WASHINGTON (Reuters) – Incoming orders for capital goods from the US contracted for the second year in a row in September, and the trade deficit continued to rise in the face of rising imports, suggesting moderate economic growth in the third quarter.
US-made plywood is shown for sale in Los Angeles, California, USA, on April 26, 2017. REUTERS / Mike Blake
But the pace of growth was probably solid, and on Thursday there was other data that rose in both wholesale and retail stocks last month. The economy is supported by a worsening labor market, which is gradually boosting wage growth.
The Department of Commerce said orders for non-military capital goods excluding airplanes, a closely watched proxy for corporate spending plans, declined 0.1 percent last month, with demand for fabricated metals and electrical appliances, equipment and components slipping.
This was followed in August by a decline of so-called Core Capital Goods Order by 0.2 percent. Reuters analysts predicted that core capital goods orders rose 0.5% last month. Core capital goods orders increased by 6.6 percent compared to the previous year.
Deliveries of core capital goods remained unchanged in September for a second month in a row. Core capital shipments are used to calculate equipment expenditures in measuring the state's gross domestic product.
Enterprise equipment spending slows after growing rapidly for more than a year. It was supported by Trump's $ 1.5 trillion tax cut package, which included a drastic reduction in corporate tax rates.
However, lower taxes are offset by the government's "America First" policy, which has led to a fierce trade war between the United States and China, and "tit-for-tat" deals with other major trading partners.
Companies including Caterpillar Inc (CAT.N.), 3M Co (MMM.N) and Ford Motor Co (F.N) have complained about rising production costs due to tariffs on imported steel and other raw materials.
In its Beige Book report, released Wednesday, the Federal Reserve said, "Manufacturers reported that finished goods prices are rising out of necessity as the cost of commodities, such as metals, rises, which they attribute to tariffs."
In another report released on Thursday, the Commerce Department said the trade deficit had risen by 0.8 percent to $ 76.0 billion in September. Exports of goods rose by $ 2.5 billion to $ 141.0 billion last month. However, they were offset by an increase in imports of $ 3.1 billion to $ 217.0 billion.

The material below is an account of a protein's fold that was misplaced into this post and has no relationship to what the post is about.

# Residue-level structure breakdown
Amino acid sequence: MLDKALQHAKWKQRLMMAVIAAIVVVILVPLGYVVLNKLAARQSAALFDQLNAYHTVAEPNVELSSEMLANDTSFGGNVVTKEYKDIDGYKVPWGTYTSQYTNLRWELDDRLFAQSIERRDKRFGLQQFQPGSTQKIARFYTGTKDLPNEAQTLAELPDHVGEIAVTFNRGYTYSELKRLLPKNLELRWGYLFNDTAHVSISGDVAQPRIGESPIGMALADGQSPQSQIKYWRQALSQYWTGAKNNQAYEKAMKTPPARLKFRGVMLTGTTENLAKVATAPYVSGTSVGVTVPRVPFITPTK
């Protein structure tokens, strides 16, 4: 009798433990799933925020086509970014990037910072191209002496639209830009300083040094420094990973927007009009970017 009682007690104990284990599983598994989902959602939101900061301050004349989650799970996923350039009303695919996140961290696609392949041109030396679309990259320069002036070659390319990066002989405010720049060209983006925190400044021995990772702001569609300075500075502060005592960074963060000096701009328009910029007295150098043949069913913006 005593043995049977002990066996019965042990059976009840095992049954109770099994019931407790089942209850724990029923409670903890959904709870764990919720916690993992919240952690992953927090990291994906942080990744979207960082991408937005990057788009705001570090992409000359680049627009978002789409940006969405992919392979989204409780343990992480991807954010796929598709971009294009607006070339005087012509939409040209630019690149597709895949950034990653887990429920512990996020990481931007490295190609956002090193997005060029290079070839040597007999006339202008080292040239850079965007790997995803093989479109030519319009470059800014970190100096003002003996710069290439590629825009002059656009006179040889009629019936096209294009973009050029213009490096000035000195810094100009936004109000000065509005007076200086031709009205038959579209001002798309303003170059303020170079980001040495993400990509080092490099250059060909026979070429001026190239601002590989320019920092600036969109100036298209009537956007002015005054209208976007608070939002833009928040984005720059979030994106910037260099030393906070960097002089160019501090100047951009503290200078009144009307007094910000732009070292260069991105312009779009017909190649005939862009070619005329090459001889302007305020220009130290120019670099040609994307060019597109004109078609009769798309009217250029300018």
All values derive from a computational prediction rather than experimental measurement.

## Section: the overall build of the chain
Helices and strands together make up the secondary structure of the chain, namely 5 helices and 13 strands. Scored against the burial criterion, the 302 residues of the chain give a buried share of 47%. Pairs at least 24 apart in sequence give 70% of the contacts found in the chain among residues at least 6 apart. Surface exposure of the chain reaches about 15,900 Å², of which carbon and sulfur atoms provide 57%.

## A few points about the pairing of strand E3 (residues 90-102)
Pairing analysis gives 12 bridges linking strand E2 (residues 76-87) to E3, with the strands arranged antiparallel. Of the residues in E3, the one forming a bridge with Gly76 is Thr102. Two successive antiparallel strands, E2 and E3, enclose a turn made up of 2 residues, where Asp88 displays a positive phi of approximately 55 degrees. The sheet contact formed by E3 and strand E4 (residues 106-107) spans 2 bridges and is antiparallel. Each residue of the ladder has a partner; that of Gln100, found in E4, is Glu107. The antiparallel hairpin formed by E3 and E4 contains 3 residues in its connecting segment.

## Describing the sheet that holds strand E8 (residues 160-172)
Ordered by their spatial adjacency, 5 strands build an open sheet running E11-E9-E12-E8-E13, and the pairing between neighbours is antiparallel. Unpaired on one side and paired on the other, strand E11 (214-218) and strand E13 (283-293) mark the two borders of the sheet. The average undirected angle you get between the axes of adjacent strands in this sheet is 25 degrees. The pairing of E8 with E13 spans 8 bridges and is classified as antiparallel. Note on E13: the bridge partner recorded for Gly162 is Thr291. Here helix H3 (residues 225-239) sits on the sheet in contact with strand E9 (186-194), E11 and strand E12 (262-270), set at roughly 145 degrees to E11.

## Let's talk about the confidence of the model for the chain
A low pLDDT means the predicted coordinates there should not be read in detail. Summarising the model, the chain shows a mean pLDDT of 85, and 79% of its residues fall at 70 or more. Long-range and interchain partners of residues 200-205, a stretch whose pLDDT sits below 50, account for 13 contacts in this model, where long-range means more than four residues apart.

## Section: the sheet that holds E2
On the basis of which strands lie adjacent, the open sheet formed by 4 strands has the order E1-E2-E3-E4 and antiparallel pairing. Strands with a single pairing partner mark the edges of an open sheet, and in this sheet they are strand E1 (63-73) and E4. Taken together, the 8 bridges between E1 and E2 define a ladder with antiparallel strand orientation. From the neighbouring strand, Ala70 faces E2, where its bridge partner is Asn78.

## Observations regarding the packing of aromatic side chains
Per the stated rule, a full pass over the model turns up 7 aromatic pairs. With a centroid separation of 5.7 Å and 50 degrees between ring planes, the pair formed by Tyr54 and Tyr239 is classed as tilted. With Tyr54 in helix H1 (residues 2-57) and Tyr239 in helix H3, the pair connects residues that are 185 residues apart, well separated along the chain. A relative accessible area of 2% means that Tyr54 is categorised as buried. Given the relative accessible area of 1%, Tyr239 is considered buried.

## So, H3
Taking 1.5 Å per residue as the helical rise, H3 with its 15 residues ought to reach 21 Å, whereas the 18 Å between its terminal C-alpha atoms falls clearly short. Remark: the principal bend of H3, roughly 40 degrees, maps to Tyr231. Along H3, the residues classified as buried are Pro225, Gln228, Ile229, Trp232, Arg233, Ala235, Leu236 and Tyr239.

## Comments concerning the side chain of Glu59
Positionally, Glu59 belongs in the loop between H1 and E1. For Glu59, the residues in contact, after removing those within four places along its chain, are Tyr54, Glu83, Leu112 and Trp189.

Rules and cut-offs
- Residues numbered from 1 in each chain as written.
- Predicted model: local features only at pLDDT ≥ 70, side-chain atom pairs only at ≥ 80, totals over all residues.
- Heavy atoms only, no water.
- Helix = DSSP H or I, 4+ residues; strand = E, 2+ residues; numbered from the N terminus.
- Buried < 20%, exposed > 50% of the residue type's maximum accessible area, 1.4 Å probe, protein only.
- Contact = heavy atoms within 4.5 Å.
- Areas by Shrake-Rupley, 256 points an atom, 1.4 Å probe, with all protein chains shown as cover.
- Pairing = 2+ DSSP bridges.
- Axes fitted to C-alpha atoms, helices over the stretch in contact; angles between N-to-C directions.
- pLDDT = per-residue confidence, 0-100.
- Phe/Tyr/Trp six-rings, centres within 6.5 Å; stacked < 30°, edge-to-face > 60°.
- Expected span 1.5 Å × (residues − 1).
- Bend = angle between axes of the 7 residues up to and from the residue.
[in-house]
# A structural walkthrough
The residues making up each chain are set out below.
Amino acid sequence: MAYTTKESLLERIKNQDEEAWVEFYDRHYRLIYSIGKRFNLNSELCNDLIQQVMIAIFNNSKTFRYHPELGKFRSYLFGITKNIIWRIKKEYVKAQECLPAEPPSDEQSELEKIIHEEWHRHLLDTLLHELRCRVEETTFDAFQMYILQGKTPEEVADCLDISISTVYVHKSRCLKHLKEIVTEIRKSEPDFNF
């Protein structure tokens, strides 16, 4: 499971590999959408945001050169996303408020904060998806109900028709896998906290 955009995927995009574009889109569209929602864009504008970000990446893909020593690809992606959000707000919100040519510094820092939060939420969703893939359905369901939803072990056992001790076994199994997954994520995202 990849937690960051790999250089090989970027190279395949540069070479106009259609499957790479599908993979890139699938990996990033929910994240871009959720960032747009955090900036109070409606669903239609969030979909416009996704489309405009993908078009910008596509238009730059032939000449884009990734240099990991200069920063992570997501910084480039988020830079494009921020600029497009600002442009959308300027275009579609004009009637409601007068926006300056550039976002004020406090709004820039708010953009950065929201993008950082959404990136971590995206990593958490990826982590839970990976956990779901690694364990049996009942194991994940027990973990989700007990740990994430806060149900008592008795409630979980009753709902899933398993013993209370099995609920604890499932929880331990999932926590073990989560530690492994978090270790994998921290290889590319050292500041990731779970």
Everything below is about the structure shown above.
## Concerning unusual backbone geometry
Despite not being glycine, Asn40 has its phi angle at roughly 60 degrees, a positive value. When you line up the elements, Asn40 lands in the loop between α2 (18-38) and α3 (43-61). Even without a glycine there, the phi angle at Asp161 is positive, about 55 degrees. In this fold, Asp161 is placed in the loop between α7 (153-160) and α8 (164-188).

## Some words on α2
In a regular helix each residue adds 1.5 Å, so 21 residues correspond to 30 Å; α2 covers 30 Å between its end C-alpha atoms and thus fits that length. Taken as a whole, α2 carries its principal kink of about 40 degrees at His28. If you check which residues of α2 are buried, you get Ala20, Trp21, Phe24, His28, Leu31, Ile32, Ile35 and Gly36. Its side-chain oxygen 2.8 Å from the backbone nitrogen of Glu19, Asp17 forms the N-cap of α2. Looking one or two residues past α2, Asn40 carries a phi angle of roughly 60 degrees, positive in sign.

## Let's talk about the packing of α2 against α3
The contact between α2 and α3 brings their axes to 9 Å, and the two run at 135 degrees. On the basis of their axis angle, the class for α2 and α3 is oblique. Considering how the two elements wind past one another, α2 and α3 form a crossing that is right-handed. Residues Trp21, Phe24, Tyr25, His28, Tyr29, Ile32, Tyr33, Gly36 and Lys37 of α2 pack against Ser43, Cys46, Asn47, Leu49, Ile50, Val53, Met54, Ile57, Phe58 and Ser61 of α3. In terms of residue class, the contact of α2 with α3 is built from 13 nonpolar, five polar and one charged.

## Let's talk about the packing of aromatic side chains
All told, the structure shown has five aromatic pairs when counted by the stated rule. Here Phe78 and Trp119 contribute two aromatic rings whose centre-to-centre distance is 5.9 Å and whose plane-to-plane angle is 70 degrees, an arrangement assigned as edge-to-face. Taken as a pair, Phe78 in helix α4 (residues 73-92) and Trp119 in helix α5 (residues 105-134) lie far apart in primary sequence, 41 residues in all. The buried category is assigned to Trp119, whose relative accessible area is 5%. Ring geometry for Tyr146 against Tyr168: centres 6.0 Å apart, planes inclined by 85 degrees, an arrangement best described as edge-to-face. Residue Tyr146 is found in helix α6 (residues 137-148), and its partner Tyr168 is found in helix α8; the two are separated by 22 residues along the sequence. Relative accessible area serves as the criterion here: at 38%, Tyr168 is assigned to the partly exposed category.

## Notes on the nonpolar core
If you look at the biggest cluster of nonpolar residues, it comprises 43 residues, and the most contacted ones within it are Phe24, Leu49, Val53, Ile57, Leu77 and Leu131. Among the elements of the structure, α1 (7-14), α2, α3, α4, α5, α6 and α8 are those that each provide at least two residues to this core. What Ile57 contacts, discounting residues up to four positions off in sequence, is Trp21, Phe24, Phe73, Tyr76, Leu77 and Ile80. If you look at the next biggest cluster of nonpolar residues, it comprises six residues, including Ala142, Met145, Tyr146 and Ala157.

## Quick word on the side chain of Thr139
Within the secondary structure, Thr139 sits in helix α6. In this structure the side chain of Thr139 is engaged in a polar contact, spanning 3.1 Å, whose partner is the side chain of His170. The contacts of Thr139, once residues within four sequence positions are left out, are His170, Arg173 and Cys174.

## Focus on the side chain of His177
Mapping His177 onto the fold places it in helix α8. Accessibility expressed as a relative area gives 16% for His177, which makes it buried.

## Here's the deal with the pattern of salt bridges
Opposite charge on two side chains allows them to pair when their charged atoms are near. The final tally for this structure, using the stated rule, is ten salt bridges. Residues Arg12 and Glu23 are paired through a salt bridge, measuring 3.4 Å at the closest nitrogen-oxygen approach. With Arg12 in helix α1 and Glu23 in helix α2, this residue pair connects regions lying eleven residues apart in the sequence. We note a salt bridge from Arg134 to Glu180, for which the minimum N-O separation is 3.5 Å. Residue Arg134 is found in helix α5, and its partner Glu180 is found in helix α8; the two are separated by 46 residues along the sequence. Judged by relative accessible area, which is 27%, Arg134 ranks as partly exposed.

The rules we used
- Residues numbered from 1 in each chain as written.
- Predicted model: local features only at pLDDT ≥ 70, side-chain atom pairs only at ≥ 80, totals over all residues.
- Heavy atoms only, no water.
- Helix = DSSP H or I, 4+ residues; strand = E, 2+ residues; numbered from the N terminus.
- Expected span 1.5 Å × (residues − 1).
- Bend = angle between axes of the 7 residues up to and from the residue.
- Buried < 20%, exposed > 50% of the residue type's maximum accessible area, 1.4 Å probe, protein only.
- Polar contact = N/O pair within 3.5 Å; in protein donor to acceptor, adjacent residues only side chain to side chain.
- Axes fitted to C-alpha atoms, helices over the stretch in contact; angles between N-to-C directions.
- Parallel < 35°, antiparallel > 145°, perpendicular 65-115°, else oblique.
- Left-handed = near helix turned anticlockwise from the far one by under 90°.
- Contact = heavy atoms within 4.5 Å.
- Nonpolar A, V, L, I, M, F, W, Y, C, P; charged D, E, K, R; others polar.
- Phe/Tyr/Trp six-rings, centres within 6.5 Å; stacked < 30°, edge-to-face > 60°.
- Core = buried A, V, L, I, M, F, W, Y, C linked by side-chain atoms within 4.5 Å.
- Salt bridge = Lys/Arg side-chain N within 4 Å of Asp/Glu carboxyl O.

The expected slowdown in GDP growth due to the worsening trade deficit is likely to be offset somewhat by an increase in inventory investment. The department said wholesale inventories rose 0.3 percent last month. Retail inventories gained 0.1 percent.
Growth estimates for the third quarter are above annualized 3.0 percent. The economy grew by 4.2 percent in the second quarter. The government will publish its GDP growth data for the third quarter on Friday.
US equity index futures were higher on Thursday, while US Treasuries quoted lower. Dollar .DXY was weaker against a basket of currencies.
Thursday's third Labor Department report showed that initial claims for state unemployment benefit increased by 5,000 to a seasonally adjusted 215,000 in the week ended Oct. 20. In the week ended September 15, claims fell to 202,000, the lowest since November 1969.
The economists polled by Reuters forecasted a rise in claims to 214,000 last week. The four-week moving average of initial applications, which is considered to be a better measure of labor market development in week-to-week volatility, remained unchanged at 211,750 last week.
The labor market is considered close or full-time, with the unemployment rate close to a 49-year low of 3.7 percent. The economy has a record 7.14 million vacancies, indicating a shortage of skilled labor.
A tightening of labor market conditions and a robust economy should keep the Fed on track in December to raise interest rates again. The US Federal Reserve raised interest rates for the third time this year in September, removing a reference to "expansive" monetary policy from its policy statement.
Reporting by Lucia Mutikani; Editing by Paul Simao